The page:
Norwegian cooking: Caramel pudding

I have a memory of watching my grandmother making caramel pudding in our kitchen at home. It might have been either my confirmation or my sister’s christening – since she was making it at our place and not her own. But it would also frequently be among the staples for dessert at Sunday dinner at her place.

Karamellpudding

For some reason, I’ve always imagined this to be super hard to make. It looks more impressive than it really is, as it is not that hard to make, I would say.

I took a look through my grandmother’s cookbook, Økonomisk kokebok (1936), and it actually looked rather easy. Plus, a lot of the technique is the same as what I’ve been doing when making the custard for the ice cream over the summer.

The ingredients below is what I used – but when it comes to the mixture of cream and milk I would say that it is really the matter of what you have in the fridge. I had a lot of cream that was about to expire – so I used more cream than milk.

It is also originally designed to be cooked in a bread pan – rectangular shape. But I thought it would be cute to have it in more single-serving dishes, and used individual ramekins.

It has to be made a bit in advance before serving, as it has to cool completely after being in the oven in order to set. Traditional Norwegian serving of this is with whipped cream, but it is really not necessarily, in my opinion.

Ingredients 

600 ml mix of cream and milk. (I used 100 ml milk and 500 ml cream)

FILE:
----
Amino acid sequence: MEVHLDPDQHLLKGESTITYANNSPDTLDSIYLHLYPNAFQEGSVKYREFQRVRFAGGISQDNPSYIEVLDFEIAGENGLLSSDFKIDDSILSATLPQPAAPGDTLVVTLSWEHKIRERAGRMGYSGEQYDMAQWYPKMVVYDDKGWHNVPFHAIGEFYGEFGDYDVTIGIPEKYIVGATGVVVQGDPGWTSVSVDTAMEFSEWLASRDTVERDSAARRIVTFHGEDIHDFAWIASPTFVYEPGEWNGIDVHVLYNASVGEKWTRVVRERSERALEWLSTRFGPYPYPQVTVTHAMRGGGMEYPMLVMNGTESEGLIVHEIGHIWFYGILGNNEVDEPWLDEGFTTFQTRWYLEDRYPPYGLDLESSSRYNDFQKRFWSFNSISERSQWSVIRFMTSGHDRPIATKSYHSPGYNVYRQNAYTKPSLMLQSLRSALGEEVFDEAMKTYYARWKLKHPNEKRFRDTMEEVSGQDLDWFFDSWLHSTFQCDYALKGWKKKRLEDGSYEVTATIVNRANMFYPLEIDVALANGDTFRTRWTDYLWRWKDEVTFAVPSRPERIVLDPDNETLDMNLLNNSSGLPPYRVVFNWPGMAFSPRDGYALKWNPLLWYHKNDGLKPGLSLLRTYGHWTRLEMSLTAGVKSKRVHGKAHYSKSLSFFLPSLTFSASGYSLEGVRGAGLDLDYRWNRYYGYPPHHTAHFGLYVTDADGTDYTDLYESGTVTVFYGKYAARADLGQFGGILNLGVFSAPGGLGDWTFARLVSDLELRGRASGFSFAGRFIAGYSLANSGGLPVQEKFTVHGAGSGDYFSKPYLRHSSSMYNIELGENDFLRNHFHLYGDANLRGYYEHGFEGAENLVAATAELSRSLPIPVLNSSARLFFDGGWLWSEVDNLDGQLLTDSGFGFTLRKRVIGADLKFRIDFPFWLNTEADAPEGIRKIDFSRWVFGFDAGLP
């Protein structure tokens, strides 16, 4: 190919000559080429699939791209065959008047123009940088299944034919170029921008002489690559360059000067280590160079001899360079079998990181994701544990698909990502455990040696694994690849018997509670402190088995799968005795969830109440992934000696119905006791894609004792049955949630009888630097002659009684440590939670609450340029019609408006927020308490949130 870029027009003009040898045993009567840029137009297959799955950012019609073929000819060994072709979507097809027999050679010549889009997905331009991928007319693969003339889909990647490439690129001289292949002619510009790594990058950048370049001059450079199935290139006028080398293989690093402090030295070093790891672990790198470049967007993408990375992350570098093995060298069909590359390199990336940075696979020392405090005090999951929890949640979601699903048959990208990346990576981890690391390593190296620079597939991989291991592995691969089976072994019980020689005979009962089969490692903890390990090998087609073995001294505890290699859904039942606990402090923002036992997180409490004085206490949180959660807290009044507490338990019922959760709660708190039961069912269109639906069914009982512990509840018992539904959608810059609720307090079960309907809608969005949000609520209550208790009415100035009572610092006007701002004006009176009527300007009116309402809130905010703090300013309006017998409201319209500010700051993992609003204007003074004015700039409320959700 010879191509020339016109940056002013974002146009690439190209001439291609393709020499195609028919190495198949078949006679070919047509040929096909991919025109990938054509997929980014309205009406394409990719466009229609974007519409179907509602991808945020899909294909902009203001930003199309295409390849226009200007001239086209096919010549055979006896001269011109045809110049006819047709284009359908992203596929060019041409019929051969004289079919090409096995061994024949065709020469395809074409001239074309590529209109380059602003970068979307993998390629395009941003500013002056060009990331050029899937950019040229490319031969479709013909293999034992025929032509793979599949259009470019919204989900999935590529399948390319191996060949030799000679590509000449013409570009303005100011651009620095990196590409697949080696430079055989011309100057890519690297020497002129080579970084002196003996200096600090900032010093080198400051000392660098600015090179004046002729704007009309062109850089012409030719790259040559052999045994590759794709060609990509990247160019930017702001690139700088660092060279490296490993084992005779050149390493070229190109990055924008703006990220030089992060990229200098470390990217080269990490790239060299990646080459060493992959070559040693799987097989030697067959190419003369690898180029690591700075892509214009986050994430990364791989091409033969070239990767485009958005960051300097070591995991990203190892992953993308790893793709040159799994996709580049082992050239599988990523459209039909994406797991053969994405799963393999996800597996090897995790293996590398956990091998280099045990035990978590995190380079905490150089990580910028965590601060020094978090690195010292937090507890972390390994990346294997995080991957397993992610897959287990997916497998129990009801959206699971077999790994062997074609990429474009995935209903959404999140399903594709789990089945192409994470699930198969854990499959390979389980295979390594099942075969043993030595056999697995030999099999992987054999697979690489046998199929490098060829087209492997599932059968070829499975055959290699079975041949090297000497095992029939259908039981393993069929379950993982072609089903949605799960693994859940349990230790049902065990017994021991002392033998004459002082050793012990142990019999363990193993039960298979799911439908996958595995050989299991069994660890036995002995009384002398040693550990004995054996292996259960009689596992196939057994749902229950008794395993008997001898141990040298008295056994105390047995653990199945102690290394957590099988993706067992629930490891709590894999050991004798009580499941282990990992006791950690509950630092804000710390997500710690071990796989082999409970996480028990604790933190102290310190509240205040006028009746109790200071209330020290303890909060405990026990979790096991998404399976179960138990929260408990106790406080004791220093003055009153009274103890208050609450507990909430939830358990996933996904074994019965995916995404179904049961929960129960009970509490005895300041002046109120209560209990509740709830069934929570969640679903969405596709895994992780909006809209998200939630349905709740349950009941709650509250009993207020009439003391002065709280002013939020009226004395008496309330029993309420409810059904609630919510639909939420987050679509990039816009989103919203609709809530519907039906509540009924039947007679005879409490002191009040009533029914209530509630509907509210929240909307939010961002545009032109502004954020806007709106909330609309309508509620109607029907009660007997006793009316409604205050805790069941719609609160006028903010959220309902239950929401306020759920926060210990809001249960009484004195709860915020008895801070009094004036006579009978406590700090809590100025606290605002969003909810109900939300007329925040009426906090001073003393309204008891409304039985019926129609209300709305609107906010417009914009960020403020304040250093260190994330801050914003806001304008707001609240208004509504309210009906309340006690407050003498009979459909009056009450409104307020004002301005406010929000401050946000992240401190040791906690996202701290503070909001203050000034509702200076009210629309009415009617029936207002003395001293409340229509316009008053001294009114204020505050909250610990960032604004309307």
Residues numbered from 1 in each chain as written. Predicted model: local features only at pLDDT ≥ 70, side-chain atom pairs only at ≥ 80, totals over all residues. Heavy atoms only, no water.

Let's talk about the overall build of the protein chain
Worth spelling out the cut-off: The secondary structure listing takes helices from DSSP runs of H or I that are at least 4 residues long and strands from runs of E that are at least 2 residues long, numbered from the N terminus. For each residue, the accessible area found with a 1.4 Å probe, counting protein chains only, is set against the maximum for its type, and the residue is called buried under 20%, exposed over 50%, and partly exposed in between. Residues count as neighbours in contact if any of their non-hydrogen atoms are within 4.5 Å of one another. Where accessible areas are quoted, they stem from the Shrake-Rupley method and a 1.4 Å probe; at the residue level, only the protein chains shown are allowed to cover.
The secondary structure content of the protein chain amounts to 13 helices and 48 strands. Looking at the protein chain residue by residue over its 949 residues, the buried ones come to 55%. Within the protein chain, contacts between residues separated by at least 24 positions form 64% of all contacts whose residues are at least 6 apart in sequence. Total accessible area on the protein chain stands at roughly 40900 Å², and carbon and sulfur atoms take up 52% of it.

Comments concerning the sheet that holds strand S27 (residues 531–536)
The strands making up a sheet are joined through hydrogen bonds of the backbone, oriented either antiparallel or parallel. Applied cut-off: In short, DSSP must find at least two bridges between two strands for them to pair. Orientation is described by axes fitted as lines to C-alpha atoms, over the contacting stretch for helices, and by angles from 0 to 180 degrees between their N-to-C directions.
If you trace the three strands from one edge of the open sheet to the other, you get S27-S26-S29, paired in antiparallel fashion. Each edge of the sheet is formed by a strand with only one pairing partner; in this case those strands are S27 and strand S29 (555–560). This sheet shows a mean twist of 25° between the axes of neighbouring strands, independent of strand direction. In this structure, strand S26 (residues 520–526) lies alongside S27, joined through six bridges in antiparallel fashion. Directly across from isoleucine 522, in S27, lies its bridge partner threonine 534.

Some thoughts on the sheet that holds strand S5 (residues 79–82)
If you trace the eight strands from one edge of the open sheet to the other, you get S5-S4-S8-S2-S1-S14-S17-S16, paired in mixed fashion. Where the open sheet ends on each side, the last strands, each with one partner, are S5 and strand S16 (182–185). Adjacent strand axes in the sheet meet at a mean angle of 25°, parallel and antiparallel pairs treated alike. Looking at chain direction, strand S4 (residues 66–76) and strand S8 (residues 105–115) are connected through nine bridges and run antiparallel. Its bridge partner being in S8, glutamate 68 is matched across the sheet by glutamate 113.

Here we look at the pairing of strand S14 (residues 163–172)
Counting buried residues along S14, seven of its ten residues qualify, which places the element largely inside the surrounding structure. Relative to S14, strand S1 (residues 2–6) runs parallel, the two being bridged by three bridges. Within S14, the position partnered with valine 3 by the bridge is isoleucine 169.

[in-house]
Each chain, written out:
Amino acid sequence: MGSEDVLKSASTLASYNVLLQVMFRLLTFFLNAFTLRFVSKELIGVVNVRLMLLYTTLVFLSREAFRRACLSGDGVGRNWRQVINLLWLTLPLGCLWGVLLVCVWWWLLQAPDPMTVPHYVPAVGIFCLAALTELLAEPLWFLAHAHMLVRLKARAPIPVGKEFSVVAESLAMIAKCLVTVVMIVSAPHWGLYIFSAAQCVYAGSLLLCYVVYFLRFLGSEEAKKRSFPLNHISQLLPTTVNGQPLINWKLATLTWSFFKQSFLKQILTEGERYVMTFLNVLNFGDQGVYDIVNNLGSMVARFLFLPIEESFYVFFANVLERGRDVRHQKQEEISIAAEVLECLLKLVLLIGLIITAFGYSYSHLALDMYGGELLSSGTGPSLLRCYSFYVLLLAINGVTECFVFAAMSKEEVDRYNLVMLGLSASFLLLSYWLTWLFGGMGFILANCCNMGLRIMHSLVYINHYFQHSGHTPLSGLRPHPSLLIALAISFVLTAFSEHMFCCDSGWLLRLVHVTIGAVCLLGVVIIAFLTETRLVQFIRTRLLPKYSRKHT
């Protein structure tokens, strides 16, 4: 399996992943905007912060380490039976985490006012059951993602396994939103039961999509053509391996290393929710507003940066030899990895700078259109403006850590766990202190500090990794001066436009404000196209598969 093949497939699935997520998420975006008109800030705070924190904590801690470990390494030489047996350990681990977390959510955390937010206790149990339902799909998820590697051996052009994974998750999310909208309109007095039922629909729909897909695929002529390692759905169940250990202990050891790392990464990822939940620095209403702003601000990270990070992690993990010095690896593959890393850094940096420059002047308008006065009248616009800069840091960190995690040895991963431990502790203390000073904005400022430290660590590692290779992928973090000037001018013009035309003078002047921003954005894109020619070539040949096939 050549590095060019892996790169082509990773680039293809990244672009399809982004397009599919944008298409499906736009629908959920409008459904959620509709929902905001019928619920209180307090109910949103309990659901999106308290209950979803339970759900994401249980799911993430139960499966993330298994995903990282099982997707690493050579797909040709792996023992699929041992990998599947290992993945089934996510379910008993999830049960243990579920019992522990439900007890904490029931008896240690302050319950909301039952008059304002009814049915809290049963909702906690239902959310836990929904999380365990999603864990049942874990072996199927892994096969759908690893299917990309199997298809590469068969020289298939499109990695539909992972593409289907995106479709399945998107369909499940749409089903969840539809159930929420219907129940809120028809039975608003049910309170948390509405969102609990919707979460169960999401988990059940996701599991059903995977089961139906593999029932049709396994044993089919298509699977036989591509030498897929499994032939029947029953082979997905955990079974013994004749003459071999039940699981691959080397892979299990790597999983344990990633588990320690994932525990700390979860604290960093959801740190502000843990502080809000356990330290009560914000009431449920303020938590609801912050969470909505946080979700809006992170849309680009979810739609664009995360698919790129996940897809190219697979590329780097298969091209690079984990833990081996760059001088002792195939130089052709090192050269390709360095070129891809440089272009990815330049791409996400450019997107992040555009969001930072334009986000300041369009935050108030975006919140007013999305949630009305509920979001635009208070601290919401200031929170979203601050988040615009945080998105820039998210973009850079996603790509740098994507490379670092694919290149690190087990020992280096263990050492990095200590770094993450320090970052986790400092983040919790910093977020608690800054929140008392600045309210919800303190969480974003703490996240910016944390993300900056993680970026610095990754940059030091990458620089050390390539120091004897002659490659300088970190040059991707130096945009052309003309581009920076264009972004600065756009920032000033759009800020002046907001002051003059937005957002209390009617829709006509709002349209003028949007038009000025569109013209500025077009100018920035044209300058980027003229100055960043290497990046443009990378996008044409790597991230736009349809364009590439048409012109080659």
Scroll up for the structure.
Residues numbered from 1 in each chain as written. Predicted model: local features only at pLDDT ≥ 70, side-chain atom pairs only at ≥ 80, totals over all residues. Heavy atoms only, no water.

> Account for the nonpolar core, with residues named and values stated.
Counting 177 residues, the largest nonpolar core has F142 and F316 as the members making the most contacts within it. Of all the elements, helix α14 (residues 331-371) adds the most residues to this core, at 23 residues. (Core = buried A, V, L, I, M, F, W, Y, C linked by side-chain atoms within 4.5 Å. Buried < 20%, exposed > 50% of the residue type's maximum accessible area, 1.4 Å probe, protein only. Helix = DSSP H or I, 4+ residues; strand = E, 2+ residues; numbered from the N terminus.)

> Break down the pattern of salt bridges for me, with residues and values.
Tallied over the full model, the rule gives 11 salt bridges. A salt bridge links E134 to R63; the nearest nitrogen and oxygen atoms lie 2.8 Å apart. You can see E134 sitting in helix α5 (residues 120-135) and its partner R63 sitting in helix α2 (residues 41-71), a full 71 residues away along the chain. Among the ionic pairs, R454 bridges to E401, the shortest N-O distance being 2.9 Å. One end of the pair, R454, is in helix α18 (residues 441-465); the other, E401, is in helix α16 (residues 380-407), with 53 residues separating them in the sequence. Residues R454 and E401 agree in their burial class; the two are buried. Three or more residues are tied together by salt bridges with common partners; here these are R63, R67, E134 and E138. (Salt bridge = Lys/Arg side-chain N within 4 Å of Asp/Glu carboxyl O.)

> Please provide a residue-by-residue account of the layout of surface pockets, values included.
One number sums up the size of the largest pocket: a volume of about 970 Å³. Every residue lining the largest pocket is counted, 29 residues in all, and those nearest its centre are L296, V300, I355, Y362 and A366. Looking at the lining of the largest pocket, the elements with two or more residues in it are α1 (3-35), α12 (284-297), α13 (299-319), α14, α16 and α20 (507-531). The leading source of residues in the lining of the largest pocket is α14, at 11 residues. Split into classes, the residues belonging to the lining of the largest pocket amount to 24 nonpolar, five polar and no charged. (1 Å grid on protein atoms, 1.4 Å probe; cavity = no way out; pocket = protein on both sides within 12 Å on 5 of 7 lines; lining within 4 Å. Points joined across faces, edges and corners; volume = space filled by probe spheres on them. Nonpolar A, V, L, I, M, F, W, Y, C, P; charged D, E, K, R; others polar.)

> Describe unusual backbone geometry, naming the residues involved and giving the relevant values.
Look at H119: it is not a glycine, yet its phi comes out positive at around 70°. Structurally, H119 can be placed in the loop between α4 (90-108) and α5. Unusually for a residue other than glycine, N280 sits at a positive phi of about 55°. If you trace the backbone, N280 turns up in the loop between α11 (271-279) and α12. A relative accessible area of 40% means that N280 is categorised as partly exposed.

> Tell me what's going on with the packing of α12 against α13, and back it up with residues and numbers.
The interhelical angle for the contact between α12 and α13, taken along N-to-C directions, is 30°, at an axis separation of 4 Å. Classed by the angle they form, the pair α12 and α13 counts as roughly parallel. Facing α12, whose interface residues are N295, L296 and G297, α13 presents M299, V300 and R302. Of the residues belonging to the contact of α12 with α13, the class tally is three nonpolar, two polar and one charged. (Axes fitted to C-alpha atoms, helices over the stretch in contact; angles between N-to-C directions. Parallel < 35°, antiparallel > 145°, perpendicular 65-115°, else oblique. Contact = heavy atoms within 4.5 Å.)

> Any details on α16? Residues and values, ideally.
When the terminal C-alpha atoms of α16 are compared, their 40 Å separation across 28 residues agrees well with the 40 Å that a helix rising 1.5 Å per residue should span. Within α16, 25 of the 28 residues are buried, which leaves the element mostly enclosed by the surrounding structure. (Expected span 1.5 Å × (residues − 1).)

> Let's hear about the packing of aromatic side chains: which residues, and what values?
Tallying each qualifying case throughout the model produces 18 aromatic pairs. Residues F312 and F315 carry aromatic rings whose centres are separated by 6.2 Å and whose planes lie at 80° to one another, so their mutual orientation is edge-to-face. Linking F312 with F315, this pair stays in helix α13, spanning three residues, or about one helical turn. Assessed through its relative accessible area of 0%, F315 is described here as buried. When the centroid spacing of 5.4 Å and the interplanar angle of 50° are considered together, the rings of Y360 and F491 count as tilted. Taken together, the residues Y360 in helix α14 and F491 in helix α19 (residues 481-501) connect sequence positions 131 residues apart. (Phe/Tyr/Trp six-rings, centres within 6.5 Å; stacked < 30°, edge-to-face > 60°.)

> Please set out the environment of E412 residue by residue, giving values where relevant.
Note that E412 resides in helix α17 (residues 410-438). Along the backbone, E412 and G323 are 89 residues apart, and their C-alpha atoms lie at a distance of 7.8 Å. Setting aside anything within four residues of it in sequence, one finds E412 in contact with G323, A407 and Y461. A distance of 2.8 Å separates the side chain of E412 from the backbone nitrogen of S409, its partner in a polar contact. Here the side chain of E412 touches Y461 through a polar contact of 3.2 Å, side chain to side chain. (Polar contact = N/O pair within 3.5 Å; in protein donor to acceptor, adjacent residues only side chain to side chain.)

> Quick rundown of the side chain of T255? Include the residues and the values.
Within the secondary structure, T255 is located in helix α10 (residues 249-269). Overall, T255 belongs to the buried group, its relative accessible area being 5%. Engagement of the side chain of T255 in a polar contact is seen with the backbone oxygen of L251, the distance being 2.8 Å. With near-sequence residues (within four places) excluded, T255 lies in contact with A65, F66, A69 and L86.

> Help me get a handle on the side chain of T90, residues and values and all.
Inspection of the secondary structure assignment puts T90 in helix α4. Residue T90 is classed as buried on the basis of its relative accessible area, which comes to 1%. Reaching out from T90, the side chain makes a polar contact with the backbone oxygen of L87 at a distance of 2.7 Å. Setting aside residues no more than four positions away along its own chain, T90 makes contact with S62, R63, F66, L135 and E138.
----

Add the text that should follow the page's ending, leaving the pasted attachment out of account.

Seeds from 1 pod vanilla.

1 tbsp sugar

5 eggs

 

For the caramel

3 dl sugar

200 ml water

 

How to 

  1. In a frying pan, cook the water and sugar for the caramel together. The sugar should dissolve, it should bubble, become a sticky mix, and the mix should turn slightly brown. (Depending on how dark you want your caramel.)
  2. Once you have caramel, add it to the bottom of your mould – whether it be bread pan, ramekins or something with more ornamental shape. Turn the caramel around in the mould until it covers the entire bottom of it. It will stiffen and set – which is how it should be.
  3. Turn the oven on to about 125 degrees Celsius.
  4. Start the custard by boiling milk and vanilla seeds for 8 minutes. Take it off the stove and let cool for a bit.
  5. While that is cooling, whisk the eggs and the tbsp of sugar together well.
  6. Add the milk and vanilla very gradually to the eggs while still whisking.
  7. Strain the custard. (It is not a required step, but I found that it lent itself to a very smooth result.)
  8. Add the custard on top of the caramel in the mould.
  9. Cook the mould in the oven in a water bath for 1- 1 1/2 hours.
  10. Take it out of the oven and cool completely before eating. (I accidentally ate one while still hot – and though it was utterly delicious, it had not set. I let the rest of the ramekins stand overnight, and some of them even stood in the fridge until the next evening)
  11. Just before serving, take a thin knife and cut carefully against the edges of the mould.
  12. Turn the mould around onto a serving platter, and remove the mould. The caramel should now be running down the sides.
  13. Serve.

Author: Anne

Anne is a librarian by day. By night, she reads. She knits. She watches movies and television shows. She enjoys board games. And posting on royal related forums.

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